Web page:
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CSS3 Tranform Property: The Scale Method


In this third part of the series, I explore another helpful method offered by the transform CSS3 property, called scale(). It permits you to dynamically resize an HTML element by modifying its width and height attributes simultaneously. To make the method work in most modern browsers (with Internet Explorer notoriously absent), it is necessary to appeal to proprietary implementations. If you’re planning to use this feature with any version of Microsoft’s browser, make sure to provide users of your web site with an appropriate fallback option.

Author Info:
By: Alejandro Gervasio
Rating: 5 stars5 stars5 stars5 stars5 stars / 4
October 18, 2010
TABLE OF CONTENTS:
  1. · CSS3 Tranform Property: The Scale Method
  2. · Introducing the scale() method

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CSS3 Tranform Property: The Scale Method
(Page 1 of 2 )

So far, the dynamic transformation of a web page element (and by dynamic transformation I mean rotating the element, scaling it up and down and even skewing it on the fly) has always occurred within the boundaries of client-side scripting. However, this trend is starting to change with the introduction of CSS3. The new specification includes a set of handy properties that permit you to achieve similar results without having to tackle the inner complexities of an object-oriented language like JavaScript.

Among these “behavioral” CSS3 properties, there’s one that you may find particularly attractive, due to its flat learning curve and remarkable functionality. Yes, as you may have already guessed, I'm referring to “transform,” a powerful property that can be used to easily apply the aforementioned effects to an HTML element, either individually or in conjunction, by using a single CSS declaration.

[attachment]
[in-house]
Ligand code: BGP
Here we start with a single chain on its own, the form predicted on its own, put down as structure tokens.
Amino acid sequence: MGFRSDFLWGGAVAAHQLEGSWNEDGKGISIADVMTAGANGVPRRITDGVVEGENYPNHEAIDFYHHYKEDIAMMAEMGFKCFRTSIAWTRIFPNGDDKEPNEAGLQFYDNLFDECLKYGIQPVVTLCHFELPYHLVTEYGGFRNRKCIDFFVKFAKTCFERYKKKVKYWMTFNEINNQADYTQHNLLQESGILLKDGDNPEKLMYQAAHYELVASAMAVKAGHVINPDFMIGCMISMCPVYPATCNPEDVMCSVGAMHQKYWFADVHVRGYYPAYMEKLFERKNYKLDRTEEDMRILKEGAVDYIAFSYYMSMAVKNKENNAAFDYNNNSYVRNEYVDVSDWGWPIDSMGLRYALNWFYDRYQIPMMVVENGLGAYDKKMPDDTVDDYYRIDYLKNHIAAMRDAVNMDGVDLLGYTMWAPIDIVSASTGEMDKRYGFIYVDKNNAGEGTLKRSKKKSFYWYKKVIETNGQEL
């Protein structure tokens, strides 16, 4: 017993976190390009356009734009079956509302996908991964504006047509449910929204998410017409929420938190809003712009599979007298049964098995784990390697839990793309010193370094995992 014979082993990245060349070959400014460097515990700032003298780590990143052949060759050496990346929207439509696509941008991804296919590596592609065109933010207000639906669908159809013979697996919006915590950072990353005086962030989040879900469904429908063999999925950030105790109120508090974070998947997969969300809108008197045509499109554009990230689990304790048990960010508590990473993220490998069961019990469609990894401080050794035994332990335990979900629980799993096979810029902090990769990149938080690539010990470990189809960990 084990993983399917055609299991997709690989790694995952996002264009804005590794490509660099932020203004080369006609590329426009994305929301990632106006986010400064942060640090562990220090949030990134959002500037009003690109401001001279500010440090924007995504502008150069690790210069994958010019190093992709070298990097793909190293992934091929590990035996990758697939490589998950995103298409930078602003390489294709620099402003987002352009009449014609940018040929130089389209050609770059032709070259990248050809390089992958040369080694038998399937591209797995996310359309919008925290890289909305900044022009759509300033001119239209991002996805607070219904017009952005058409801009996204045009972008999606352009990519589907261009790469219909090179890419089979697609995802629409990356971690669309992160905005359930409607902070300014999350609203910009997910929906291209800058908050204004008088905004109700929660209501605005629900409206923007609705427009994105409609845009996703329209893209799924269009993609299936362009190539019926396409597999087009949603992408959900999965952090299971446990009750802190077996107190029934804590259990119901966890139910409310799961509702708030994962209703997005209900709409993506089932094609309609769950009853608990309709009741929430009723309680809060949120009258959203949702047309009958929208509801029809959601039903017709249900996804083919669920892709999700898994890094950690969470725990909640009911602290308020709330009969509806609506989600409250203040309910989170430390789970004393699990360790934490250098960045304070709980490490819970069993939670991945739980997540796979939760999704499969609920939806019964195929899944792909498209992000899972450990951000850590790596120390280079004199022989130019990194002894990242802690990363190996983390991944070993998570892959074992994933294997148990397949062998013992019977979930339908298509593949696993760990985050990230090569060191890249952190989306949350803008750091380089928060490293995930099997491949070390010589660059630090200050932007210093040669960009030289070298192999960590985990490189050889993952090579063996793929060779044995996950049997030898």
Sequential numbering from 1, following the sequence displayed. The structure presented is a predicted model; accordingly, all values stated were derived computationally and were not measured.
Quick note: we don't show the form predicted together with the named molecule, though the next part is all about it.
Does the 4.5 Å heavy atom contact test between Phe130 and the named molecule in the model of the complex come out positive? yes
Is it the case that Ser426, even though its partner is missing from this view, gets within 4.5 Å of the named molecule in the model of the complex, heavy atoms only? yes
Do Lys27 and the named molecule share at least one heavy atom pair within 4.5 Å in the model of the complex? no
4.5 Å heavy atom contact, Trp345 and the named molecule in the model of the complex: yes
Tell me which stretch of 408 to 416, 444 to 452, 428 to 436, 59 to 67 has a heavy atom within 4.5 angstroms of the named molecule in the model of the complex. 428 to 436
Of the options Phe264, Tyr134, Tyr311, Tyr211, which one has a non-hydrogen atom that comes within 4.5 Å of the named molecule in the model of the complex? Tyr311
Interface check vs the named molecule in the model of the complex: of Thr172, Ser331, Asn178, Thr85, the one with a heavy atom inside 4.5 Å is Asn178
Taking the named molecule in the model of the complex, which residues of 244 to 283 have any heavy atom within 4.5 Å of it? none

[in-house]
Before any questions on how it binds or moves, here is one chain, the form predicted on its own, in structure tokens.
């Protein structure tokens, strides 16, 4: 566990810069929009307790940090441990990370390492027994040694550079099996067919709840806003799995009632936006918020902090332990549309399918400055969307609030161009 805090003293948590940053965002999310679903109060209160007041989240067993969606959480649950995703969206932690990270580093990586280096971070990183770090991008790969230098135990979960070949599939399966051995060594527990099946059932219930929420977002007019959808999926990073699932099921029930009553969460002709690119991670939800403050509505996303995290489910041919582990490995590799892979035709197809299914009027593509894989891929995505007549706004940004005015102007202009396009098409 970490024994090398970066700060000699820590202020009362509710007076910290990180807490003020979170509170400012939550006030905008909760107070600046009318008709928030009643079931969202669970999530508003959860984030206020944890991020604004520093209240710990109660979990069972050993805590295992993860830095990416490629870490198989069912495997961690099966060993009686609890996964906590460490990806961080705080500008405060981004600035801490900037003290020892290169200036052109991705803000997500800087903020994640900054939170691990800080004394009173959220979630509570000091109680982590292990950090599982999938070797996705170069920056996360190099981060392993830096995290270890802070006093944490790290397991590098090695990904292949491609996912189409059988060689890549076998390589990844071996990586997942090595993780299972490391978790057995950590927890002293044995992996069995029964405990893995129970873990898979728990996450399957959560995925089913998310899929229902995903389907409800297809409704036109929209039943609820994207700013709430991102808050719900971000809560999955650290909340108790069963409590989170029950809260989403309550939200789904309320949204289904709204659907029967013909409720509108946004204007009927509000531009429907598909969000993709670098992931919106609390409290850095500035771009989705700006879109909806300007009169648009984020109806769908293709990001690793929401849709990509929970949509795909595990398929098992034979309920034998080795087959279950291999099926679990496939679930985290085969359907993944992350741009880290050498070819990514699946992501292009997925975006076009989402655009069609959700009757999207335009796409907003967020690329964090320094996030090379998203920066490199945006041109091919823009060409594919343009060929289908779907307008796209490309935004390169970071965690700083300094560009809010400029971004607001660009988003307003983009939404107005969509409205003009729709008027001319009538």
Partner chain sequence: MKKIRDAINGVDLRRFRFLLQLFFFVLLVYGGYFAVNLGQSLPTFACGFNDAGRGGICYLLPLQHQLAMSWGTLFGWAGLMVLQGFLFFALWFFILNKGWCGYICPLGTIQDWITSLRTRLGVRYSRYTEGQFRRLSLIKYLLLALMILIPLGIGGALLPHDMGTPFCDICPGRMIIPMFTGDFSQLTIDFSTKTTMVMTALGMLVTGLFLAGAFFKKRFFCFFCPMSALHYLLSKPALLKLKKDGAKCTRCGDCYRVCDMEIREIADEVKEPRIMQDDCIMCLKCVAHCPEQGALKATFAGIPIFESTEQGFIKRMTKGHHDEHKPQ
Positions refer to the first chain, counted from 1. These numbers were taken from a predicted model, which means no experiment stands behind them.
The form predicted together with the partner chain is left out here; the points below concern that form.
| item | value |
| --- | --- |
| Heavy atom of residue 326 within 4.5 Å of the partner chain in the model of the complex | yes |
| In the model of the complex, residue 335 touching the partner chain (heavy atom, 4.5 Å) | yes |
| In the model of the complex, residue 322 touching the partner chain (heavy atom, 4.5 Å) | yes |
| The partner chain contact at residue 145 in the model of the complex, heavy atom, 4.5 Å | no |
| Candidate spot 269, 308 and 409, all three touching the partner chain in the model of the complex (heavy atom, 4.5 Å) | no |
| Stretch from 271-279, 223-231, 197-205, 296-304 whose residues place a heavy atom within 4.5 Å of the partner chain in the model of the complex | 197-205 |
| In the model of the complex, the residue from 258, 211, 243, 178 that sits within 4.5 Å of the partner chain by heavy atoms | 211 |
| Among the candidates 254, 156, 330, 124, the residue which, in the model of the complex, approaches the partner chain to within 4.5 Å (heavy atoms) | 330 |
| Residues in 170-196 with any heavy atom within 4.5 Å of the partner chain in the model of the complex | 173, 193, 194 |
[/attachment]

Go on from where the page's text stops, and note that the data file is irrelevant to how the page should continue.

Of course, the major drawback in using the property is that it still lacks reliable support by some browser’s vendors (especially Microsoft, even though Internet Explorer 9 apparently will be a bit more friendly to CSS3). This shouldn’t stop you, though, from taking a look at “transform” to see what it can do for you, right?

With that idea in mind, in previous parts of this series, I went through the development of a few basic examples that demonstrated how to use some methods provided by the property, such as “translate(),” “translateX()” and “translateY().” These were useful for altering, be it simultaneously or separately, the X and Y coordinates of a selected element. This allowed us to move the element vertically and horizontally on the web page without taking it out of the normal rendering flow.

It’s important to point out, however, that the “transform” property is also capable of manipulating a web page element in many other appealing ways. It can even resize the element up and down via its “scale()” method. Therefore, in the course of this third installment of the series, I’m going to create a basic hands-on example that will show how to use this method in a truly painless fashion.

Ready to learn how to easily scale HTML elements by means of the “transform” property? Then start reading!

Review: individually altering the X and Y coordinates of an HTML element with the “translateX()/translateY()” methods

As usual, before I dig deeper into the subject and begin demonstrating how to resize a web page element via the “scale()” method, first I’d like to spend a few moments reintroducing the couple of examples built in the preceding part of this series. They showed how to modify separately the X and Y coordinates of a div through the “translateX()” and “translateY()” methods provided by the “transform” CSS3 property.

Having clarified that, here’s a web page that implements the first of these methods in a very simple manner. Check it out:

<!DOCTYPE html PUBLIC "-//W3C//DTD XHTML 1.0 Strict//EN" "http://www.w3.org/TR/xhtml1/DTD/xhtml1-strict.dtd">
<html xmlns="http://www.w3.org/1999/xhtml">
<head>
<meta http-equiv="Content-Type" content="text/html; charset=utf-8" />
<title>Using the transform CSS3 property (with the 'translateX()' option)</title>
<style type="text/css">
body {
    padding: 0;
    margin: 0;
    background: #ddd;
    font: 0.8em Arial, Helvetica, sans-serif;
    color: #585858;
}
#wrapper {
    width: 960px;
    margin: 0 auto;